Cirque Us


I’m Sam Gurwitt, a clown in Starstruck. I grew up in Norwich, Vermont, and just graduated from Yale. I was in Cirque Us’s first tour in 2016, and I’m thrilled to be back for a second summer. I’ve been thinking a lot about what makes this company and this show uniquely fun and challenging, and here are a few of my thoughts.


One fundamental feature of a Cirque Us show is interaction with the audience. In traditional circus shows, audience interaction is a key component and happens in very overt ways; the show is presented as simple performance—constantly conscious of its audience and often literally pulling them into the action—to please the crowd rather than convey some story, theme, or emotion. As circus begins to enter the theater and dance world, it sometimes loses the audience interaction component, and becomes a highly choreographed exposition of skill and theme. Cirque Us tries to walk a line in between. Its shows are structured around a theme and through-lines, but its characters are always conscious that they are performing for a live audience, and they invite the audience into the world they create rather than allowing them to sink into their seats as passive spectators.


This type of show is great for clowns. Clown is distinct from theater partly because it always breaks the fourth wall. Unlike theater, the clown exists simultaneously in his or her own world and in the world of the audience. Rather than just telling a story to a passive audience, the clown brings the audience into the world he or she creates so that they are an active part of it. The clown has to act as the bridge between the imagined reality he or she creates and the reality of the audience. By existing both in a place created by his own imagination and at the same time consciously on stage in front of an audience, the clown invites the audience into an imagined world so that for the duration of the performance, the clown and the audience float in a sort of suspension of disbelief which exists neither entirely in the audience’s reality or in the clown’s constructed world. One of the most important moments in any clown performance is the when the clown establishes a connection with the audience captures their attention, imagination, and sympathy so that they are willing to come along for the ride. Whenever I manage to do this and a performance is going well, it feels like there are strings attached on one end to every part of my body and on the other to the audience’s emotions. Once I’ve captured the audience, it’s as if I can pull gently on each of those strings and evoke a little giggle here or yank on another to get a large peel of laughter.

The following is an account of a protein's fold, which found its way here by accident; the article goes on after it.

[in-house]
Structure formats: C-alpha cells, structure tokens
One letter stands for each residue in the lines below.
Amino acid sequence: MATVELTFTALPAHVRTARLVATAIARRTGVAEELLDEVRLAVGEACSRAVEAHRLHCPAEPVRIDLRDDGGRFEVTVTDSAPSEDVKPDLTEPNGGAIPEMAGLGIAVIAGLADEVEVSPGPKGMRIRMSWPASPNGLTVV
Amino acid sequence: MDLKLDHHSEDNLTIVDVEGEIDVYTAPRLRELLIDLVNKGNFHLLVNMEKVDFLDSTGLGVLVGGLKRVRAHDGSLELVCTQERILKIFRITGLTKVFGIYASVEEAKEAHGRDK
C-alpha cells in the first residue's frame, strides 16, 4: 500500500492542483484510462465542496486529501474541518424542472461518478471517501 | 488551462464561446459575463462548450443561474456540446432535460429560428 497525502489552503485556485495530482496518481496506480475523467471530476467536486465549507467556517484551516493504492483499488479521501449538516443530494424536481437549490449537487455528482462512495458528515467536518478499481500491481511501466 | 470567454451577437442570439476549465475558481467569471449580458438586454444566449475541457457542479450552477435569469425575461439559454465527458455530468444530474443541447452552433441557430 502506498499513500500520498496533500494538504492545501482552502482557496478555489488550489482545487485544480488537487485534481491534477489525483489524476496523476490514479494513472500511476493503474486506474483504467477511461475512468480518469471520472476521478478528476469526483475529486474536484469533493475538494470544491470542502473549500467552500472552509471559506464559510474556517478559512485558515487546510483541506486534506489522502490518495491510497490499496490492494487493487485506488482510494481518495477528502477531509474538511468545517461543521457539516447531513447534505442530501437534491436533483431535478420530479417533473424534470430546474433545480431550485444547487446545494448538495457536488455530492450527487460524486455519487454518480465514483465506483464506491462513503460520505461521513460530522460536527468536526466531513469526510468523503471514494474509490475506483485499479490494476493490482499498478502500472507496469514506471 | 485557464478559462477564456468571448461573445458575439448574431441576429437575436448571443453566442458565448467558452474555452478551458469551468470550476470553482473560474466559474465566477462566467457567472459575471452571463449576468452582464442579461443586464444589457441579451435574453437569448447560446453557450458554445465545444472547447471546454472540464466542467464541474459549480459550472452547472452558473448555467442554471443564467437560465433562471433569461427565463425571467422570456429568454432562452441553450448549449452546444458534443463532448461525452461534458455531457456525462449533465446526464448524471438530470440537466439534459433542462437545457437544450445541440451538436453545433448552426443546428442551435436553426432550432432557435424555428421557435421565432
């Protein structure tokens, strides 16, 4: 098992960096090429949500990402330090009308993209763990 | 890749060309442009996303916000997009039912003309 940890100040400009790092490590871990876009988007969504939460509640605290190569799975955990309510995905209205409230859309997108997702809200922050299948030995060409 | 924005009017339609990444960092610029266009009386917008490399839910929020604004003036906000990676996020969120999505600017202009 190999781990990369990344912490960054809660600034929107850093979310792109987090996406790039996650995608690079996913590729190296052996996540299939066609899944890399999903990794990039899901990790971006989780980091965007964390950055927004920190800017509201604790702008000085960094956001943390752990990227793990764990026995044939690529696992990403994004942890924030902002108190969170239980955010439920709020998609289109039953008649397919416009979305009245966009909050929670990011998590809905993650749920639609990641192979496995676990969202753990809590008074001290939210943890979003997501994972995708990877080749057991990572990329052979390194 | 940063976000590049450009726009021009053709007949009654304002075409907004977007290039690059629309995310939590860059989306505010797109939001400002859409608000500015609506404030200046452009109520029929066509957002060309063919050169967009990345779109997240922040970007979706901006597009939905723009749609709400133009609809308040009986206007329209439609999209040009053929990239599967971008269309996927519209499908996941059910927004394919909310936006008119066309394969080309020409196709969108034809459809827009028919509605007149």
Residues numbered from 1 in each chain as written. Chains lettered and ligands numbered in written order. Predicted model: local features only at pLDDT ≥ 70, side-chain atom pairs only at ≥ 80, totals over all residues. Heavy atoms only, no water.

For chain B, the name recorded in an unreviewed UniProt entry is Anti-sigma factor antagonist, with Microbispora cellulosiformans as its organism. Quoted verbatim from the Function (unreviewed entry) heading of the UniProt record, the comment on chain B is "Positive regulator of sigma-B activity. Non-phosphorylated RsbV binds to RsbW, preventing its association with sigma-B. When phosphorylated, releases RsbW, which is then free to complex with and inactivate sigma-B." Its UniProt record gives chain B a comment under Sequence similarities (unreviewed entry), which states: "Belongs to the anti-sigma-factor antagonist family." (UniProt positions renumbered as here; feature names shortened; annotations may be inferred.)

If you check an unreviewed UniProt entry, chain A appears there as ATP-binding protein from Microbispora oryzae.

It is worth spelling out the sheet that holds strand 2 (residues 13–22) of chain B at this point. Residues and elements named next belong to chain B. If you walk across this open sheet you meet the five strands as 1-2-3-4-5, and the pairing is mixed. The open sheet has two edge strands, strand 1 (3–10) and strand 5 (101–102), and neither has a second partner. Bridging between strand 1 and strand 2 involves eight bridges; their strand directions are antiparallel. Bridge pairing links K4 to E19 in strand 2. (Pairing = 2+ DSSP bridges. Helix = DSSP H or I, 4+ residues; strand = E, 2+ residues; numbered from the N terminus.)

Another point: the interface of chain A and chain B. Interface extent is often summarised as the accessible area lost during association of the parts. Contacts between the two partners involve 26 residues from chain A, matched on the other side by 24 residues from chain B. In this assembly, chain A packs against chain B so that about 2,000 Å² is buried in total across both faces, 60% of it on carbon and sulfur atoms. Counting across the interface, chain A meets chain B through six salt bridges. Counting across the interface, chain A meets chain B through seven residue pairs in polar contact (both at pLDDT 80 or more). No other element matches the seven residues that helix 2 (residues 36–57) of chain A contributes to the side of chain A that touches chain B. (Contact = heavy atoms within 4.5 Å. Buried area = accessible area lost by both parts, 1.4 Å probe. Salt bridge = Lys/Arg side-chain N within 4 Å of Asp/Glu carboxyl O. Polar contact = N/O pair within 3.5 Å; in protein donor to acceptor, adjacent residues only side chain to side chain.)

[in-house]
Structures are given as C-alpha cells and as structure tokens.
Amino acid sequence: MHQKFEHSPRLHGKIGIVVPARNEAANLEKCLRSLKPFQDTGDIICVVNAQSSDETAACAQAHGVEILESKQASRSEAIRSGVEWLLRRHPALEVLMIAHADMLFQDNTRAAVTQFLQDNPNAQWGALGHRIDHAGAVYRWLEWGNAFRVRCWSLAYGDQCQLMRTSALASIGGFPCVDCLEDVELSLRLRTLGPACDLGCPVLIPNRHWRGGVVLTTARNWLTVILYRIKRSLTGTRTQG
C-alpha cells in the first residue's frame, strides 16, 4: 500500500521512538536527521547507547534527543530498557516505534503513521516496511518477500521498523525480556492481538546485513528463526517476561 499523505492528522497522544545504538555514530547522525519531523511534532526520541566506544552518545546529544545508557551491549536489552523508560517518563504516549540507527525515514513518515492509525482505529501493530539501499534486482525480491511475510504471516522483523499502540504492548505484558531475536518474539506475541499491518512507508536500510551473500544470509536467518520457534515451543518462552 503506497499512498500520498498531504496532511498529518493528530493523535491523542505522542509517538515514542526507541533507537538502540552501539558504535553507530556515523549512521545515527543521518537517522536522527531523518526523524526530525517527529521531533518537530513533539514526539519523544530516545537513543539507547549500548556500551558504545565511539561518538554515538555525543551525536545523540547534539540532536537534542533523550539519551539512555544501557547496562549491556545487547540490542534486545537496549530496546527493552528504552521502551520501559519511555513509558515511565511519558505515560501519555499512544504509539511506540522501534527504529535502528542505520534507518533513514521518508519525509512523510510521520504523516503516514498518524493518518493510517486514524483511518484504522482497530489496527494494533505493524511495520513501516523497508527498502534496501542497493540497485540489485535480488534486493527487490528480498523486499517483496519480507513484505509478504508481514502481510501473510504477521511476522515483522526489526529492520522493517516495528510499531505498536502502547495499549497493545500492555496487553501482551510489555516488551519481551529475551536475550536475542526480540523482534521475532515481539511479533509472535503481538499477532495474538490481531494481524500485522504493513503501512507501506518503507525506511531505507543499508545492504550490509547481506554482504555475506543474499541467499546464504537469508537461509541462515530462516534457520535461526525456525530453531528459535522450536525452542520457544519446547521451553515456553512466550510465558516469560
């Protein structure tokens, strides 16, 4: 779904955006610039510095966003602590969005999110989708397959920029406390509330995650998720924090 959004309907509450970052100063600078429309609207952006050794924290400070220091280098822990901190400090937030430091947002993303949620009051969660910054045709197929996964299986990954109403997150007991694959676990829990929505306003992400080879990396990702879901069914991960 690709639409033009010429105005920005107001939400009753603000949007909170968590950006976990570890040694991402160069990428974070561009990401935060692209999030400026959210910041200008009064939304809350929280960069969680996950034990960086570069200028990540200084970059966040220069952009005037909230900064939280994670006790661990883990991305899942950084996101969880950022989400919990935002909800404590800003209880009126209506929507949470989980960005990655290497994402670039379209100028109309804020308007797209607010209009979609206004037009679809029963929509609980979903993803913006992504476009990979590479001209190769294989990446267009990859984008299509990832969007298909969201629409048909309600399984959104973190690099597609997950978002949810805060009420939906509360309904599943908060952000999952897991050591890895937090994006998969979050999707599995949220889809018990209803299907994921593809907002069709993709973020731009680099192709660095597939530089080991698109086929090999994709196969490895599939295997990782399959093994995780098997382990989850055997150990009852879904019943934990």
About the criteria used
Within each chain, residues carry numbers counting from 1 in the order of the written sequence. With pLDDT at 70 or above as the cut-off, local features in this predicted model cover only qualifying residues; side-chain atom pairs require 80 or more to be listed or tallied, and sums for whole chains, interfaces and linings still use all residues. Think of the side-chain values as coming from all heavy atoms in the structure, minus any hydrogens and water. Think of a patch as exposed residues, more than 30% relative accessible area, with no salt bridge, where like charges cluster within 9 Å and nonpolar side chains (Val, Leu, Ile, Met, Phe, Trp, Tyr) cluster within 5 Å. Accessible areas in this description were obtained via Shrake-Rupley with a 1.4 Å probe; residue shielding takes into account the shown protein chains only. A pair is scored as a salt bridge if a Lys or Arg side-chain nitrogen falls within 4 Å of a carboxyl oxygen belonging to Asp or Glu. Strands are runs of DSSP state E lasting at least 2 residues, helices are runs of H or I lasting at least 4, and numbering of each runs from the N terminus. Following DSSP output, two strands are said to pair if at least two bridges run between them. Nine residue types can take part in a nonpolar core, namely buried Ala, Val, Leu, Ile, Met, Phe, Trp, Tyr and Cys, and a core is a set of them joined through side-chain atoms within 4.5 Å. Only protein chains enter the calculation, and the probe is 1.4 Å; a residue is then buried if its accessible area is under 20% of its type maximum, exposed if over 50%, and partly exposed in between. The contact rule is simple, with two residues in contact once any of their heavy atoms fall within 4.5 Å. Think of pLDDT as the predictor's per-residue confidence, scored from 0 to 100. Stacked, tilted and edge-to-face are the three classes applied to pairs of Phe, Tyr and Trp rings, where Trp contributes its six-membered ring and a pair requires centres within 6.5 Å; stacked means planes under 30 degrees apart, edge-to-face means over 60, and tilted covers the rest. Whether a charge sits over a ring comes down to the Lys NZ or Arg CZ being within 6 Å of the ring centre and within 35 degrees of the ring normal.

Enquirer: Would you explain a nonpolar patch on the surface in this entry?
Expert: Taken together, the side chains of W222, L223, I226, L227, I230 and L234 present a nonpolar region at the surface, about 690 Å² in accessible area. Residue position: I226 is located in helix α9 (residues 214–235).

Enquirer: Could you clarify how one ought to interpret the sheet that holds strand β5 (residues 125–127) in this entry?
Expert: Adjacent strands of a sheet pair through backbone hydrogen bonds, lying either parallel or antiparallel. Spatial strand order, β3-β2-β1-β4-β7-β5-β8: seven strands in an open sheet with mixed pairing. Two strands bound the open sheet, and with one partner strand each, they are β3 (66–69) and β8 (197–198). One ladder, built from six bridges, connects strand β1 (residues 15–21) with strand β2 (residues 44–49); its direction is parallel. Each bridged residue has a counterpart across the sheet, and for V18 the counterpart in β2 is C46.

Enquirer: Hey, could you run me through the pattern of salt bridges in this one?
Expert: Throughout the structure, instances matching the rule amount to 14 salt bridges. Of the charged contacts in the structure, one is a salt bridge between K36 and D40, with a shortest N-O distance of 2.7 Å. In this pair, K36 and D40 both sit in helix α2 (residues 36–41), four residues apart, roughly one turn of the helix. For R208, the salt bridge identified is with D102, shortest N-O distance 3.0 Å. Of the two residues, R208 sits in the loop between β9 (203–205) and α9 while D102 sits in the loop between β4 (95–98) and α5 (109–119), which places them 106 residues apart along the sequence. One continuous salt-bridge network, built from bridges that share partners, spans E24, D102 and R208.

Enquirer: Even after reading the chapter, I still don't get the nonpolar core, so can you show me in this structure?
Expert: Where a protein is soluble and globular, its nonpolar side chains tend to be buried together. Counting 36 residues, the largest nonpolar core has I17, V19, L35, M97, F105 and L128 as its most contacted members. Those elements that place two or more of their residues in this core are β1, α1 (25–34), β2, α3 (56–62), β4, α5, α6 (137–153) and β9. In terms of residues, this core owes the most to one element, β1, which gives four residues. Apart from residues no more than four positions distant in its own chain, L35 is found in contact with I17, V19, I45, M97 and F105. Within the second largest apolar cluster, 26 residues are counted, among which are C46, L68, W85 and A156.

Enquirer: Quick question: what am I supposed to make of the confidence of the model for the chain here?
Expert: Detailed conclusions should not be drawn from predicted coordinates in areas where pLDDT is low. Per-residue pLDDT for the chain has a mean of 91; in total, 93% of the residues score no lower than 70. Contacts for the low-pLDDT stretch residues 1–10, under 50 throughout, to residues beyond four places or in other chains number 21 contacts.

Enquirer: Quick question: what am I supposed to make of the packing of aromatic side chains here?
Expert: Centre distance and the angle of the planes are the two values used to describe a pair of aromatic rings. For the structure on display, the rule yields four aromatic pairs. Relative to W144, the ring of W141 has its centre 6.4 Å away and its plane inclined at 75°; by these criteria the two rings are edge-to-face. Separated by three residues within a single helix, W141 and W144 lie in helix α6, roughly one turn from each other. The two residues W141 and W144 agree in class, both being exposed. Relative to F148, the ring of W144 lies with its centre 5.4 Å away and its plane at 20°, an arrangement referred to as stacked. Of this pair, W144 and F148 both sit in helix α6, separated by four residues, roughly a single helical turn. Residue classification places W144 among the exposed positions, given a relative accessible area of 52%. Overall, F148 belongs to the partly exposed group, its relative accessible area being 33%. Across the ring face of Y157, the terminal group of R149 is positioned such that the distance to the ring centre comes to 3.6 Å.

Starstruck, though a great show for clowns, also presents an interesting challenge because every character has many moments of interaction with the audience but also has many moments in which he or she is on stage but not performing. We spend almost all of the show on stage, but only for a portion of that time are we the focus of the action. The rest of the time we support in various ways—by throwing focus, by moving props, or by doing choreography. For me, one of the most difficult parts of this show has been figuring out how to maintain the audience connection for the whole show while also spending a lot of the show on stage but not exactly performing. When I’m simply in the background—still onstage and a part of the world we create, but not exactly performing—I cannot keep one foot in the audience and one on stage as I do when I’m clowning because if I try to maintain a connection with the audience I risk distracting them from where they are supposed to look. During Lindsey’s (formerly Rena’s) contortion act for example, the cast moves chairs in slow motion upstage of where Lindsey is performing. In this moment, the rest of the cast has to be only in the world of Lindsey’s act, not interacting with the audience trying to bring them into the action. This in itself is not difficult. All it takes is moving a chair in slow motion. But the transitions between these background support moments and the active clown moments are one of the most challenging parts of this show for me because I have to be able establish my “strings” to the audience and then dismantle them without ever leaving the stage. The balance that the clown has to maintain in which he or she brings the audience into the performance is delicate and must be actively maintained at every moment the clown is on stage. In most shows, the performer drops that connection simply by leaving the stage. This way, the connection never has to be built or broken onstage; rather the entrances and exits to the stage do the work for the performer. In Starstruck, however, I’ve had to learn how to turn that audience connection on and off without ever leaving the stage, and without simply dropping character. My character is on stage for the whole show, but only sometimes is the character conscious of the audience.

Photos by Grace G.